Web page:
Or maybe there is no consensus developing on manned vs. robotic exploration of space

Monday, January 26, 2009

Victoria Crater on Mars again - 750 m in diameter and took the Opportunity rover over a year to explore; a human would take a day or two to accomplish the same thing.

Hot on the heels of an article advocating that space exploration be done mostly by robots, there's another article yesterday on space.com advocating the opposite point of view, that a human presence in space is necessary.
It is a serious dilemma that faces space exploration policy makers: establish a foothold in low-Earth orbit and plan new manned missions to the moon, or concentrate on robotic exploration of planets such as Mars? Multhaup's stance is clear: "We were cave dwellers, and now office dwellers. The next step is for us to become solar system dwellers." He believes that humans must progress into space, not only to advance science but to appeal to our natural sense of adventure and, ultimately, to ensure the survival of our species.

"Human spaceflight is not just about science," says Multhaup. "I see it as a driver for evolution. We are an exploratory species, and when we have the technology to go somewhere, we do. It's about culture and the human desire to evolve and expand, and to protect ourselves against catastrophes which can erase life on planets and end civilizations."
That's an interesting point of view, that we need human exploration in order to progress from a terrestrial worldview to a universal one (except now the word worldview doesn't really apply). That's a definite possibility, though I think it will only be accomplished by private industry as government always feels one step removed from the reality we experience every day, so even a ton more human LEO exploration probably won't feel all that much different if it's still carried out by people that receive a set amount of funding per year, approved by congress, and subject to all the diplomatic limitations (Russia: you don't approve of our conflict with Georgia? No launches for you! for example) that come with it. In private industry there's much less of that.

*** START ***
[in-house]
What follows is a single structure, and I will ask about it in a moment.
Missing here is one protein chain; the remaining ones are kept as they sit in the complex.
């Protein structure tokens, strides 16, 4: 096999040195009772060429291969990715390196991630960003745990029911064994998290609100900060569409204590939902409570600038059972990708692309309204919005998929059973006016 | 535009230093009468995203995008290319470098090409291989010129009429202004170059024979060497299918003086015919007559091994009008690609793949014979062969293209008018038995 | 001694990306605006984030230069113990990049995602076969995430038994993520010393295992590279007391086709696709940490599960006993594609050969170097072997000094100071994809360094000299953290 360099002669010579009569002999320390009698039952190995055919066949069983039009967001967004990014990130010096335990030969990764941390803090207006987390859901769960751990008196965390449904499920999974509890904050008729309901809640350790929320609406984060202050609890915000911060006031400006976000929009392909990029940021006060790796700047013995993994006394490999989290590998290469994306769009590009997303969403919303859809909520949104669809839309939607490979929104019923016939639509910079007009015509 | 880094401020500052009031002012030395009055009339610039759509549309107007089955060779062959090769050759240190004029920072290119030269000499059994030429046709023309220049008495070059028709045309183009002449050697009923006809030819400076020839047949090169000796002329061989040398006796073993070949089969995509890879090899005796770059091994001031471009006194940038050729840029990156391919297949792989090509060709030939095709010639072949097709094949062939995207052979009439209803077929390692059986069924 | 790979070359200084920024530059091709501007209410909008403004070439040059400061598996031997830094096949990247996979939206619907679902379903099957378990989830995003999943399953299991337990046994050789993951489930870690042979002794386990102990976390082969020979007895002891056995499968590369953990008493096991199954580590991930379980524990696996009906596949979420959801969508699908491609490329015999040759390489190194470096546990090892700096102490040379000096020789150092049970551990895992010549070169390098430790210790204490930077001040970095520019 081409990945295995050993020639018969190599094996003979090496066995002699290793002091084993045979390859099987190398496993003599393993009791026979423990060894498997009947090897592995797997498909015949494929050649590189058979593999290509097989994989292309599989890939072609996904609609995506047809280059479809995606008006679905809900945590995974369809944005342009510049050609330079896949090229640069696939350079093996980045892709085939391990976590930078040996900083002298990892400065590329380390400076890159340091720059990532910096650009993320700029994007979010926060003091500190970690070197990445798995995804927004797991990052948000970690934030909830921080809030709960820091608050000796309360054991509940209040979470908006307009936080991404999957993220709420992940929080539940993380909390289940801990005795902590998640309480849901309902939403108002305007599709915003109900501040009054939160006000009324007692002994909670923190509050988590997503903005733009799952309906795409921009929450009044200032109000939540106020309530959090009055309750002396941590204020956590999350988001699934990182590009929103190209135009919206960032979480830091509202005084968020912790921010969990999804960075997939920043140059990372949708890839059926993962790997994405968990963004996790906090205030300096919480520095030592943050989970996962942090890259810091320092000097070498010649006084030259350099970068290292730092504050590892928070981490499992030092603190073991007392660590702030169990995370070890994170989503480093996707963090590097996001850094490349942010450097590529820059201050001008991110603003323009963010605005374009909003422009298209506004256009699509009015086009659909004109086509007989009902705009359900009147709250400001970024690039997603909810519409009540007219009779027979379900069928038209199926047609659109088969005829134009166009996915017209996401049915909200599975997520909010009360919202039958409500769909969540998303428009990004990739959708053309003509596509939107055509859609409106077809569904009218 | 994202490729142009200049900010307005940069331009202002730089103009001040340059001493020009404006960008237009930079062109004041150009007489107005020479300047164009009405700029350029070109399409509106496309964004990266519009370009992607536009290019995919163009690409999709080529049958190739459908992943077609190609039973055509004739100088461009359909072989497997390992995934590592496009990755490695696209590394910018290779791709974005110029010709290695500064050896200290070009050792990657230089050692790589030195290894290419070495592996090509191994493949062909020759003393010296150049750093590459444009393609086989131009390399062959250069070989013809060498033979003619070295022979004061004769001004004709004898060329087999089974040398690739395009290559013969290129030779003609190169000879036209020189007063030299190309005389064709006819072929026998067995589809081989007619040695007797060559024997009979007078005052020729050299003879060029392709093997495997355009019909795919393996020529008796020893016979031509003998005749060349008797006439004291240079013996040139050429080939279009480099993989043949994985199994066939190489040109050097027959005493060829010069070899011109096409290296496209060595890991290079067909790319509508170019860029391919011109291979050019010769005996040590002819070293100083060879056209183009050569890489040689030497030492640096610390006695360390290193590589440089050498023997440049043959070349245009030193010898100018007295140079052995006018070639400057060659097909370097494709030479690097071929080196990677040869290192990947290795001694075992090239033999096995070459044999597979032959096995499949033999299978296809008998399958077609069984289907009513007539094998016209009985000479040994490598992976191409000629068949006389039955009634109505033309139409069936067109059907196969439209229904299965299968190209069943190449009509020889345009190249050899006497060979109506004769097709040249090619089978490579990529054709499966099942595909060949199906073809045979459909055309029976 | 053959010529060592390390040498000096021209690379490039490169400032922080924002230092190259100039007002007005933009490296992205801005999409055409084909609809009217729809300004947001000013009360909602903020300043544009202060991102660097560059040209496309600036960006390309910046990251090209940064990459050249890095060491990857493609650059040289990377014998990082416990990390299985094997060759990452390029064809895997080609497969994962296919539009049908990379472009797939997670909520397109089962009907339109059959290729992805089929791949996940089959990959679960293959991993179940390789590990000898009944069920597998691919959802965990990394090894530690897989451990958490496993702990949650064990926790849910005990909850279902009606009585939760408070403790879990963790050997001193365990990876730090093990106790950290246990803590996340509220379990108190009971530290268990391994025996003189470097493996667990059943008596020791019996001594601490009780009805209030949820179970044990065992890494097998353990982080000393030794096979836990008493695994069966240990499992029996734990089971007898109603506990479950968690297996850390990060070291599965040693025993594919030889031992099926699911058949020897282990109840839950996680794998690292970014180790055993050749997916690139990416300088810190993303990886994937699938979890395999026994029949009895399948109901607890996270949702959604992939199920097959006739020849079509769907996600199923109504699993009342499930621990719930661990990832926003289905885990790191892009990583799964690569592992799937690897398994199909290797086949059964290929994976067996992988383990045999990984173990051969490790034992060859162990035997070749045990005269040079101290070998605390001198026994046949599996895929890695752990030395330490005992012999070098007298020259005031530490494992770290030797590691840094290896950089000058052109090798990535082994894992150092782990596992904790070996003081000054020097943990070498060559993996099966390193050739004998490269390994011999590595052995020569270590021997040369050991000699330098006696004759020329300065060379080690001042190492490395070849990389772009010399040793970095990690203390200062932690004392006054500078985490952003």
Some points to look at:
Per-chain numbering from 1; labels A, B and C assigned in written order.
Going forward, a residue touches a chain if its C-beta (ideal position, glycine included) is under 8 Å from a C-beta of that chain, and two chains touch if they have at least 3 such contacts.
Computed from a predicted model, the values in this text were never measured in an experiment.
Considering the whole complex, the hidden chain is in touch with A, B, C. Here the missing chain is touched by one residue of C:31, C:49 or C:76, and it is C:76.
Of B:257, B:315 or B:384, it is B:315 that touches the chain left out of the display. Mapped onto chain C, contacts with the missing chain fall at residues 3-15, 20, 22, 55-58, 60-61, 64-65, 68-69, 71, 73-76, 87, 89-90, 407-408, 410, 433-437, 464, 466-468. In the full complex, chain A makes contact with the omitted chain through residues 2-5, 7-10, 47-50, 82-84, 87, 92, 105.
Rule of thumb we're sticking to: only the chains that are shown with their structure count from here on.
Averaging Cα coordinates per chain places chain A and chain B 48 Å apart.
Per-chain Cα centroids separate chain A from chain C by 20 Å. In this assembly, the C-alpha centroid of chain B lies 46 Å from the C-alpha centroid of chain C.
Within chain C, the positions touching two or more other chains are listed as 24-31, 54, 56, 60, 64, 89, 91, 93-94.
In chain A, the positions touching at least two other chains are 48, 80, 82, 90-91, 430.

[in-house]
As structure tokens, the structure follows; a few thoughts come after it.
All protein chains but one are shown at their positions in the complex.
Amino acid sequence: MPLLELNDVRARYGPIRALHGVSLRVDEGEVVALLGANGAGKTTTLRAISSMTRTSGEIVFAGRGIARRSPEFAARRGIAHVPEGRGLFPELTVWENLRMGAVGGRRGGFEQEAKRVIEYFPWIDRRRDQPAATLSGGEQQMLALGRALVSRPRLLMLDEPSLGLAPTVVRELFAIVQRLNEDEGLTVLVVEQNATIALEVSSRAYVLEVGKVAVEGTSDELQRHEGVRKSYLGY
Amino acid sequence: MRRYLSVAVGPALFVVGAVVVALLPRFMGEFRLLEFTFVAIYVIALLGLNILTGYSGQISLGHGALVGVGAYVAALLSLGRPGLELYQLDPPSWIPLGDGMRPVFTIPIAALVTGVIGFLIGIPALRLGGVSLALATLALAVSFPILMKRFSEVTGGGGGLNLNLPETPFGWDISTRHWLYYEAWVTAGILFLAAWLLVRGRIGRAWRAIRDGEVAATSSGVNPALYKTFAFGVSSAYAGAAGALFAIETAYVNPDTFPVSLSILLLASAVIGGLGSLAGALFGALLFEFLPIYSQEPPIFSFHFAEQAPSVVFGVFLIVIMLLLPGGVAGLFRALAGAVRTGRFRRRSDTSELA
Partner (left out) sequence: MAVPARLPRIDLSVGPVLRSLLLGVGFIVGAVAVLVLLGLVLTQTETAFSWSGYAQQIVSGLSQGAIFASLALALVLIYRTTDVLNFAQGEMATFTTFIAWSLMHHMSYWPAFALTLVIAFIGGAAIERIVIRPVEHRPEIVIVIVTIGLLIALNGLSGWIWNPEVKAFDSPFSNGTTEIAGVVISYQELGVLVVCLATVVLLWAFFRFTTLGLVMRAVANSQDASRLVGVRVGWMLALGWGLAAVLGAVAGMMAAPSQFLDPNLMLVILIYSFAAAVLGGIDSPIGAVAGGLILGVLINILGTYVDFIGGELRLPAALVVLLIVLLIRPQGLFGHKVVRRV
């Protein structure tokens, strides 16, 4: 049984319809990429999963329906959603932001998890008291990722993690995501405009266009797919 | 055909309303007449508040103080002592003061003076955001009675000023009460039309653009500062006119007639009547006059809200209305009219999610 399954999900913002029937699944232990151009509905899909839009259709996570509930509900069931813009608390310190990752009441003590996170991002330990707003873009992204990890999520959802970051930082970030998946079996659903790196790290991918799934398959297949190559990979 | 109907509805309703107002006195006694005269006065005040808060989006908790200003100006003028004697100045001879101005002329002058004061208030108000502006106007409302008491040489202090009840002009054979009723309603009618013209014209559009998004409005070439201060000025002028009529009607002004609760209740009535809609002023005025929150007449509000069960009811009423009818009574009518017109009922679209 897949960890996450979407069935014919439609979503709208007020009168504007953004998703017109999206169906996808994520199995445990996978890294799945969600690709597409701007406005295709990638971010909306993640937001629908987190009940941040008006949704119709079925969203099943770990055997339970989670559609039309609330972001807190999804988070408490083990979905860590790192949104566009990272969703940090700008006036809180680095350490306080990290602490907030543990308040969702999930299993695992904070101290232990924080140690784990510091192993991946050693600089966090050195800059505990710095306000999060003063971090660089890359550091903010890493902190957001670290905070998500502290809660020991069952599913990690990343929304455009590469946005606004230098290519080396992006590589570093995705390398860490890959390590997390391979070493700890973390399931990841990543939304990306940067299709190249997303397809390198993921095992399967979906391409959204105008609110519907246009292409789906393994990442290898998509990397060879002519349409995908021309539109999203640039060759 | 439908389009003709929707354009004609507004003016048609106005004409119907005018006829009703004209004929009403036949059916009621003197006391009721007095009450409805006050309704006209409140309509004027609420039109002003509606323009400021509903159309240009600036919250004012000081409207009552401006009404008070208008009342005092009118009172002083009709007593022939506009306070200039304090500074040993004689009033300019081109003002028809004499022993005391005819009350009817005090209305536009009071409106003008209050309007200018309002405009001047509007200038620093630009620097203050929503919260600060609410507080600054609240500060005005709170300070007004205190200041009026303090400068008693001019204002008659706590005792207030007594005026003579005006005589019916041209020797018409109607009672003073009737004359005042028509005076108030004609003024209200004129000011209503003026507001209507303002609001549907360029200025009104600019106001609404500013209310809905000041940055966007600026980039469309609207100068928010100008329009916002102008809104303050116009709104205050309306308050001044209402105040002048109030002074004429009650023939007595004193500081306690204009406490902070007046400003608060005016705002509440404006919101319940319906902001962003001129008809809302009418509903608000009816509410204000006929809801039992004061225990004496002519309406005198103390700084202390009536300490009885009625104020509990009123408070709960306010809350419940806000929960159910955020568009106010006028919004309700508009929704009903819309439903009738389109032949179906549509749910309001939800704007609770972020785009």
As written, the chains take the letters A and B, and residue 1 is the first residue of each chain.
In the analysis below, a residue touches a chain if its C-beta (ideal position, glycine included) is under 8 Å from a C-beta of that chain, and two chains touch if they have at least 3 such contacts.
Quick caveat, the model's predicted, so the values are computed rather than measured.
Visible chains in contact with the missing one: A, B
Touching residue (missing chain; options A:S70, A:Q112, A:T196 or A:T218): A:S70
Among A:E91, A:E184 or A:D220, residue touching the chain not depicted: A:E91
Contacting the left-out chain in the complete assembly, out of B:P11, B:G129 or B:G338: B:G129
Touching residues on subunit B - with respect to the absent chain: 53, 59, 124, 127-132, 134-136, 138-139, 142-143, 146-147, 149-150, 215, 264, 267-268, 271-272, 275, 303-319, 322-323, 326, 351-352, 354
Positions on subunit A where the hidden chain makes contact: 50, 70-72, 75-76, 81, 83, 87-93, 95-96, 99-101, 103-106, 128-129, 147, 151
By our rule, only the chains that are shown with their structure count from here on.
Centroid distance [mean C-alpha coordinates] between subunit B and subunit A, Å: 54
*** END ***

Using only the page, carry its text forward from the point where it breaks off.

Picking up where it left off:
The other argument made for human exploration is that when on site humans are amazingly efficient compared to robots. Compare for example the Victoria Crater, 750 m in diameter and explored by the Opportunity rover over a period of more than a year. How long would that take a single human to accomplish the same? Perhaps a day, maybe two for some in-depth analysis. And a quick survey could be accomplished in an hour or two.

Here's my compromise: send humans on a few missions to check out near-Earth asteroids as they fly by, and see what comes of that. That's the best way to bring us out of this "visited the Moon once but going back to the Moon for the 2nd time might not be as exciting as the first and in the meantime we'll just stay in LEO and Mars is waaaay too hard to reach right now" rut we're in right now. An asteroid mission will be something completely new, and just as exciting as landing on the Moon IMO (especially considering how many people on the Earth weren't around for the first Moon landing, like myself).


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